"SIR: I have the honor to acknowledge the receipt of your note of the 5th instant in relation to the Spanish steamer Nuestra Senora de Regla, and the claim which arose in consequence of her seizure by the United States authorities in 1861."
"The District Court of the United States for the Southern District of New York, after deciding that the claimants were entitled to restitution of the vessel, made an order suspending proceedings, to the end that the question of damages might be considered and adjusted by the government on the application and with the concurrence of that of Spain."
"Without referring to the reasons which have so long delayed any arrangement between the two governments, I have now to say that it will be most satisfactory to the government that the parties interested should apply to the court, which still retains jurisdiction of the case, to obtain such further relief as justice may demand, and in the mode which that tribunal shall deem most proper and convenient."
"I avail myself of this occasion to offer to you assurances of my very high consideration."
"J. C. BANCROFT DAVIS"
"Acting Secretary of State"
On the 2d of June following, the cause was referred to one of the commissioners of the court to ascertain the amount of damages the claimant had sustained by the seizure and detention of the vessel. The commissioner made his report on the 20th of May, 1871, fixing the damages for the detention at the rate of $200 a day from November 29, 1861, to June 20, 1863, the date of the decree for restoration, with interest at six percent per annum, amounting to $167,370.66 3/2, and allowing for the expenses and services of an agent, remaining with and attending to the vessel, $5,680; for counsel fee in defending the proceedings, $5,000, and for the value of the vessel at the date she should have been restored, with interest added, $36,833.33 1/3; or a total of $214,884. Exceptions were taken to this report by the United States, but they were overruled, and a decree rendered for the full amount allowed by the master, with interest added.
From that decree an appeal was taken to this Court, where at the October term, 1872, it was decided
"that the vessel was not lawful prize of war or subject of capture, and the corporation which owned her is doubtless entitled to fair indemnity for the losses sustained by the seizure and employment of the vessel; but it may be well doubted whether it is not more properly a subject of diplomatic adjustment than determination by the courts."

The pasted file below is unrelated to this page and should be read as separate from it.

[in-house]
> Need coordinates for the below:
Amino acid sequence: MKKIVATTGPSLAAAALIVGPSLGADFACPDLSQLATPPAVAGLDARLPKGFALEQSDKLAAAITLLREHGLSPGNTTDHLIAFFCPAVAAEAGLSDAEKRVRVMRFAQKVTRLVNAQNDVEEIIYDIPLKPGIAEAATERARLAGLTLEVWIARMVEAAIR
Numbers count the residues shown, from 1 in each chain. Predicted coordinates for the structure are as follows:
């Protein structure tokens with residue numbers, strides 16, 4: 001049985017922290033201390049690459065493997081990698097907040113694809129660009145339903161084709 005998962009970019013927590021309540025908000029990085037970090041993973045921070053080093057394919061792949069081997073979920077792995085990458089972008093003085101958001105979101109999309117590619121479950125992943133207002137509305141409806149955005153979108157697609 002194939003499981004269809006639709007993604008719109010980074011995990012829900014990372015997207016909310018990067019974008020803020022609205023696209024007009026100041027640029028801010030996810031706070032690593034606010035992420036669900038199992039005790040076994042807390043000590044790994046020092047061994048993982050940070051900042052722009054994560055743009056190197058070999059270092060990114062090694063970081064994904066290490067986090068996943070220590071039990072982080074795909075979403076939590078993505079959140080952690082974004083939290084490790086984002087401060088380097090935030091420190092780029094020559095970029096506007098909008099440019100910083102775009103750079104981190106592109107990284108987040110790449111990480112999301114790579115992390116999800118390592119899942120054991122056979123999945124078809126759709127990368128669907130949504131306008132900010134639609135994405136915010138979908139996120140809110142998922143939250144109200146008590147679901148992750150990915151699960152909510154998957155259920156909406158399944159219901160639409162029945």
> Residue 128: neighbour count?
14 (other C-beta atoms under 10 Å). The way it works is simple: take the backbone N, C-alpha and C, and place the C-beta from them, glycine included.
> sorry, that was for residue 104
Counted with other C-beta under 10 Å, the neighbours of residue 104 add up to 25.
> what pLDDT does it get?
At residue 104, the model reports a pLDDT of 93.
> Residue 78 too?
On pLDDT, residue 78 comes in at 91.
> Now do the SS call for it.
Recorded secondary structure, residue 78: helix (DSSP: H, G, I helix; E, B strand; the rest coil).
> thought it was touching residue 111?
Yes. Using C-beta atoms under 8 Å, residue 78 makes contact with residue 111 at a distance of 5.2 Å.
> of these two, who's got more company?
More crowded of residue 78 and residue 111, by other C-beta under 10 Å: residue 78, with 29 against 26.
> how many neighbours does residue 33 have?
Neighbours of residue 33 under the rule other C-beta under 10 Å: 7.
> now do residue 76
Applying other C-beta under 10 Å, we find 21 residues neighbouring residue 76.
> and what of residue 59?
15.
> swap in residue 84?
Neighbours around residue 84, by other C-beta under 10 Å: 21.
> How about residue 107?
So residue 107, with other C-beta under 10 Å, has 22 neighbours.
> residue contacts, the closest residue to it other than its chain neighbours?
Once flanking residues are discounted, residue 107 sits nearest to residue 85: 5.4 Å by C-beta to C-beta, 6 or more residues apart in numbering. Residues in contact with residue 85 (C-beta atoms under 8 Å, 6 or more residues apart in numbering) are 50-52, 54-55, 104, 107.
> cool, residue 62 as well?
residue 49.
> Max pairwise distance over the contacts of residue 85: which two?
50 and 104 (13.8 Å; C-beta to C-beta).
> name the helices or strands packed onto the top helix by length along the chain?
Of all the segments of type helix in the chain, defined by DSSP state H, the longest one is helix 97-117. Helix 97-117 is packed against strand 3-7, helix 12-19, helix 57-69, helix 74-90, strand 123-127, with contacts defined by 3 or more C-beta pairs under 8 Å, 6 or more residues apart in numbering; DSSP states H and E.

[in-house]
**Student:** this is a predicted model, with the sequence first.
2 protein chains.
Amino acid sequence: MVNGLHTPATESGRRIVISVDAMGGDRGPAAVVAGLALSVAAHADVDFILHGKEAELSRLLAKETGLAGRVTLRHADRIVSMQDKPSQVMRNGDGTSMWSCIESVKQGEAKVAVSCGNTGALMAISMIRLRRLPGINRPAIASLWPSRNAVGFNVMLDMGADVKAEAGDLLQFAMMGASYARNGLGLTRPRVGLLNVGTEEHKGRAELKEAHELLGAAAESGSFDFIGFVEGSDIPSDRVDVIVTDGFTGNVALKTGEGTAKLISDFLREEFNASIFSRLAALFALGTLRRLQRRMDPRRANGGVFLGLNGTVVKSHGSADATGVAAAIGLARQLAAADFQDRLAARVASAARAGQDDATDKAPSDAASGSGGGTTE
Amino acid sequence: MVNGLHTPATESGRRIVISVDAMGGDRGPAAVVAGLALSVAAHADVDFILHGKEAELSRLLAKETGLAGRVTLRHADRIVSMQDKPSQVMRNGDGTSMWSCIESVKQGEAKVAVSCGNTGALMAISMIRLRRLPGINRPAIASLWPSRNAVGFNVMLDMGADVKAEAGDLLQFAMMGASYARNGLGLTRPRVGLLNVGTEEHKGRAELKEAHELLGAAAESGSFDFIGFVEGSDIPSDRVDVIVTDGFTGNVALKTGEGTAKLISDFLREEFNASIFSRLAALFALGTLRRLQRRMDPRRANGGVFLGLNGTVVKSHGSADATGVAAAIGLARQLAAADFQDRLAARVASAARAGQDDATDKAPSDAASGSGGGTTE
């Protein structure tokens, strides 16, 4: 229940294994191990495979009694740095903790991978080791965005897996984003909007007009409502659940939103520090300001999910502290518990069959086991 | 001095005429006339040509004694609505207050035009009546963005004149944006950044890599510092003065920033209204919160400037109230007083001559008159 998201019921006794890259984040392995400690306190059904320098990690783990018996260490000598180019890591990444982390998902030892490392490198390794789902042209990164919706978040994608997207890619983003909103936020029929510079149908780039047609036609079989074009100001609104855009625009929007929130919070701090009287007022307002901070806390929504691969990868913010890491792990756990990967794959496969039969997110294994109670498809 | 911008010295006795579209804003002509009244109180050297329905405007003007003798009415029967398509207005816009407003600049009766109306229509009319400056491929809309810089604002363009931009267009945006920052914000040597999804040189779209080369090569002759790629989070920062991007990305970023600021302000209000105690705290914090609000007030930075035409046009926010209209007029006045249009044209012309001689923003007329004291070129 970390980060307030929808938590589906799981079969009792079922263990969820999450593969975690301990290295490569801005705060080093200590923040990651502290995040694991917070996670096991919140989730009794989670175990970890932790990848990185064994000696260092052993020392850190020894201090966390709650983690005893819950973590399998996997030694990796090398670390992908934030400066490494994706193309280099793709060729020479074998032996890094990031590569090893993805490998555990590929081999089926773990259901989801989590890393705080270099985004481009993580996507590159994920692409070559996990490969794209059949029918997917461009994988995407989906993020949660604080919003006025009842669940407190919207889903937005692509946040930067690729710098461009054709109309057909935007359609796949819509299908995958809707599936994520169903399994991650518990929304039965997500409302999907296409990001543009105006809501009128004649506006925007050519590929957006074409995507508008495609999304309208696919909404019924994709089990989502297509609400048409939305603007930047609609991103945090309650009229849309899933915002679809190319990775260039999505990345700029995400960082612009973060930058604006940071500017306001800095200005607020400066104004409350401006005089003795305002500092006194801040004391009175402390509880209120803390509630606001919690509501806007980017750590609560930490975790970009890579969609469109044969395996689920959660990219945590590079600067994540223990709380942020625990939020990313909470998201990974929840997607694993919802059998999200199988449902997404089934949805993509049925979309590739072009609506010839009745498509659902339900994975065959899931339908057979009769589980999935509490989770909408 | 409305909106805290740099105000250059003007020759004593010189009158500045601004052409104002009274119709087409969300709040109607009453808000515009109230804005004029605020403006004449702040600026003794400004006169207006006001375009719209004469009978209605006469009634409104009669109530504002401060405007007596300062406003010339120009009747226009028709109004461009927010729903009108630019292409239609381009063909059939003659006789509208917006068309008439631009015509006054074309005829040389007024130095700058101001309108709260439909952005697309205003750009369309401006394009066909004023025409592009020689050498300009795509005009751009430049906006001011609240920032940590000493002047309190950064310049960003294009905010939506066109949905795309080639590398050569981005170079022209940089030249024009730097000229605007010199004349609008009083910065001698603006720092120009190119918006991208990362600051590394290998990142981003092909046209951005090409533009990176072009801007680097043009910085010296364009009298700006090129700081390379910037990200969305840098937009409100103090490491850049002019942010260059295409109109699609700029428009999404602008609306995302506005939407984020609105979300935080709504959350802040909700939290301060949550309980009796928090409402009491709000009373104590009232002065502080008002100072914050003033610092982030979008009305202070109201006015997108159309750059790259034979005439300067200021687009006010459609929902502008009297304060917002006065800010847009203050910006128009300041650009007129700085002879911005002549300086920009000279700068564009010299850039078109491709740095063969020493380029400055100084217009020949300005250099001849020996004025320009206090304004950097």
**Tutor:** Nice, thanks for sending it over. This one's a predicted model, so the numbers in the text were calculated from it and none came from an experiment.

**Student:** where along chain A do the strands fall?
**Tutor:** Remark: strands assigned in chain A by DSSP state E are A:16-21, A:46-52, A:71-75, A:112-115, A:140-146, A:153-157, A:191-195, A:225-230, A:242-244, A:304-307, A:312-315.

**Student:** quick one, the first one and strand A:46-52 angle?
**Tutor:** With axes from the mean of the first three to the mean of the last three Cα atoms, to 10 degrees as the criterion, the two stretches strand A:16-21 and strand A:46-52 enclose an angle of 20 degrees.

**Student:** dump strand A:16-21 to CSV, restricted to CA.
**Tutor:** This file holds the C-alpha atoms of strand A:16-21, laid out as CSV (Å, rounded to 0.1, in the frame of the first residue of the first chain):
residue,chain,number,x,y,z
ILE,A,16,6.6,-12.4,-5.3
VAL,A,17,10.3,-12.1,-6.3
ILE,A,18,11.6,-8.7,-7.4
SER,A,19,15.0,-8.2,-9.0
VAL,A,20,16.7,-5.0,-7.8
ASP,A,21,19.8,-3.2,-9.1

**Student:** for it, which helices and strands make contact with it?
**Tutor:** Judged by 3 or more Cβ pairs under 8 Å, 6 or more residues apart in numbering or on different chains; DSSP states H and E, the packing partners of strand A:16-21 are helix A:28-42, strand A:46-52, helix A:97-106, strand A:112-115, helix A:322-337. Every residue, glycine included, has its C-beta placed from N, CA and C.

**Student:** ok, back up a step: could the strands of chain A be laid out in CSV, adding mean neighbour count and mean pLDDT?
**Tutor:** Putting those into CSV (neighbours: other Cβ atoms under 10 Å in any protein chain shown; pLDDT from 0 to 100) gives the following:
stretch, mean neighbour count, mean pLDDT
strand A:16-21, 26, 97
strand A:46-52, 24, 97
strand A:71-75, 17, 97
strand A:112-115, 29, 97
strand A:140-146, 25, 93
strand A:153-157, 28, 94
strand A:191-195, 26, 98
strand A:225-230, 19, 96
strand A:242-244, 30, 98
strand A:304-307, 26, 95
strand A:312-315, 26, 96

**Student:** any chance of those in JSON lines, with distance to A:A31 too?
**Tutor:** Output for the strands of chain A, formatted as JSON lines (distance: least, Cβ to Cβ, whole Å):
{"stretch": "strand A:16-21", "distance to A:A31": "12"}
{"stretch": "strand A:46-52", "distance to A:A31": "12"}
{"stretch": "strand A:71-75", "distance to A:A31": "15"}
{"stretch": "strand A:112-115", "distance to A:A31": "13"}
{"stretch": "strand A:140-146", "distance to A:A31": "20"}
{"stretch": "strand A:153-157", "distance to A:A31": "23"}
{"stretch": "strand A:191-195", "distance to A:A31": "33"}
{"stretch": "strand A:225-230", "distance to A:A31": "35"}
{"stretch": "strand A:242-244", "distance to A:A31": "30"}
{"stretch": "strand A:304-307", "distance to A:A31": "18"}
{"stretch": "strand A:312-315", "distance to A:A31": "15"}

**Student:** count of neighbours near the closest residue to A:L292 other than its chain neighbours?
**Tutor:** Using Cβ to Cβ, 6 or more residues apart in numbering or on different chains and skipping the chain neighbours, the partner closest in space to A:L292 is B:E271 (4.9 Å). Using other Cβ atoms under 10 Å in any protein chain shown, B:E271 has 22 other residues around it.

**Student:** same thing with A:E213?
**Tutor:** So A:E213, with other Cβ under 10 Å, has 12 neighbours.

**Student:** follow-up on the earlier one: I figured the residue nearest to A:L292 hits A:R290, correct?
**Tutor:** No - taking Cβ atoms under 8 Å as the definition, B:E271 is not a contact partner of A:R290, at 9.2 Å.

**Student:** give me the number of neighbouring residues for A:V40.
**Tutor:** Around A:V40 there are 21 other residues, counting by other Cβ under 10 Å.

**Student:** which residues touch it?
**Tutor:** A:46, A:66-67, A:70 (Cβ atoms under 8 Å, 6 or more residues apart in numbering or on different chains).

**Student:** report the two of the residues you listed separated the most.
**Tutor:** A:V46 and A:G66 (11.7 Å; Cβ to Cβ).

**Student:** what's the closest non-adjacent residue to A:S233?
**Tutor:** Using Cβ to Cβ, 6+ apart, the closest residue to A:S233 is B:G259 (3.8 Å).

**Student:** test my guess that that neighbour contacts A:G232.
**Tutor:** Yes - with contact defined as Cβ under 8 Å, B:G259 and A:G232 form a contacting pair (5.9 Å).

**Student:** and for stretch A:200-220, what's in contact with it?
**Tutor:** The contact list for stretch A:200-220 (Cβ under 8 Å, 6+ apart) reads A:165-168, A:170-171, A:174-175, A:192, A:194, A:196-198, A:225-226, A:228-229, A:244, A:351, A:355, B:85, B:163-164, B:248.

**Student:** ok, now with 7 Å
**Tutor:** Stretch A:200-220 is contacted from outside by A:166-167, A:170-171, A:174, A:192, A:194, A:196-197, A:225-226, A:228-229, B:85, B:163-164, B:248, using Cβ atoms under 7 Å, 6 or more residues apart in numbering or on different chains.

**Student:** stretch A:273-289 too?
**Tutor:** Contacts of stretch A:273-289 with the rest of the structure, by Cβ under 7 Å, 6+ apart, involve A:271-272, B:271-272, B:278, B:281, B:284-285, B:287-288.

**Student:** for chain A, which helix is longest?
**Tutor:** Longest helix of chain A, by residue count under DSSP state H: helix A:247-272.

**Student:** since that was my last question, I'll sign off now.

It was also said in the opinion:
"The decree of the district court included the sum of $5,000 for counsel fees. We think that the amount was greatly excessive, and the allowance for counsel fees wholly unwarranted."
For the errors thus indicated the decree was reversed. The Nuestra Senora de Regla, 17 Wall. 29. The case was then remanded for further proceedings in accordance with the opinion. On the 22d of July, 1873, after the mandate was filed, a second reference was made to the commissioner
"to assess the damages of the claimant of the vessel sustained by him in consequence of the seizure and detention of the vessel, and that on such reference, all the proofs already taken in the cause or before the referee be used, together with such other proofs as may be put in by either party."
Under this reference, the commissioner again reported that the United States continued to use the vessel after she was taken
possession of by the Navy Department pursuant to the order of August 22, 1862, until the 20th of June, 1863, the date of the decree for her restoration, and that she had never been restored to the owners, or her value paid. He therefore allowed:
For detention from November 29, 1861, to June 20,
1863, 568 days at $200 per day . . . . . . . . . . $113,600.00
Interest at 6 percent to date of report . . . . 81,698.00
For value of vessel, ascertained to be . . . . . . . 30,000.00
Interest from June 20, 1863 . . . . . . . . . . 21,549.00
For expenses of agent, 568 days at $10 . . . . . . . 5,680.00
To this report exceptions were filed on behalf of the United States, but they were overruled by the court and a decree entered March 8, 1879, for the amount found due, with interest from the date of the report, or in all $308,932.38. From that decree this appeal was taken
Disclaimer: Official Supreme Court case law is only found in the print version of the United States Reports. Justia case law is provided for general informational purposes only, and may not reflect current legal developments, verdicts or settlements. We make no warranties or guarantees about the accuracy, completeness, or adequacy of the information contained on this site or information linked to from this site. Please check official sources.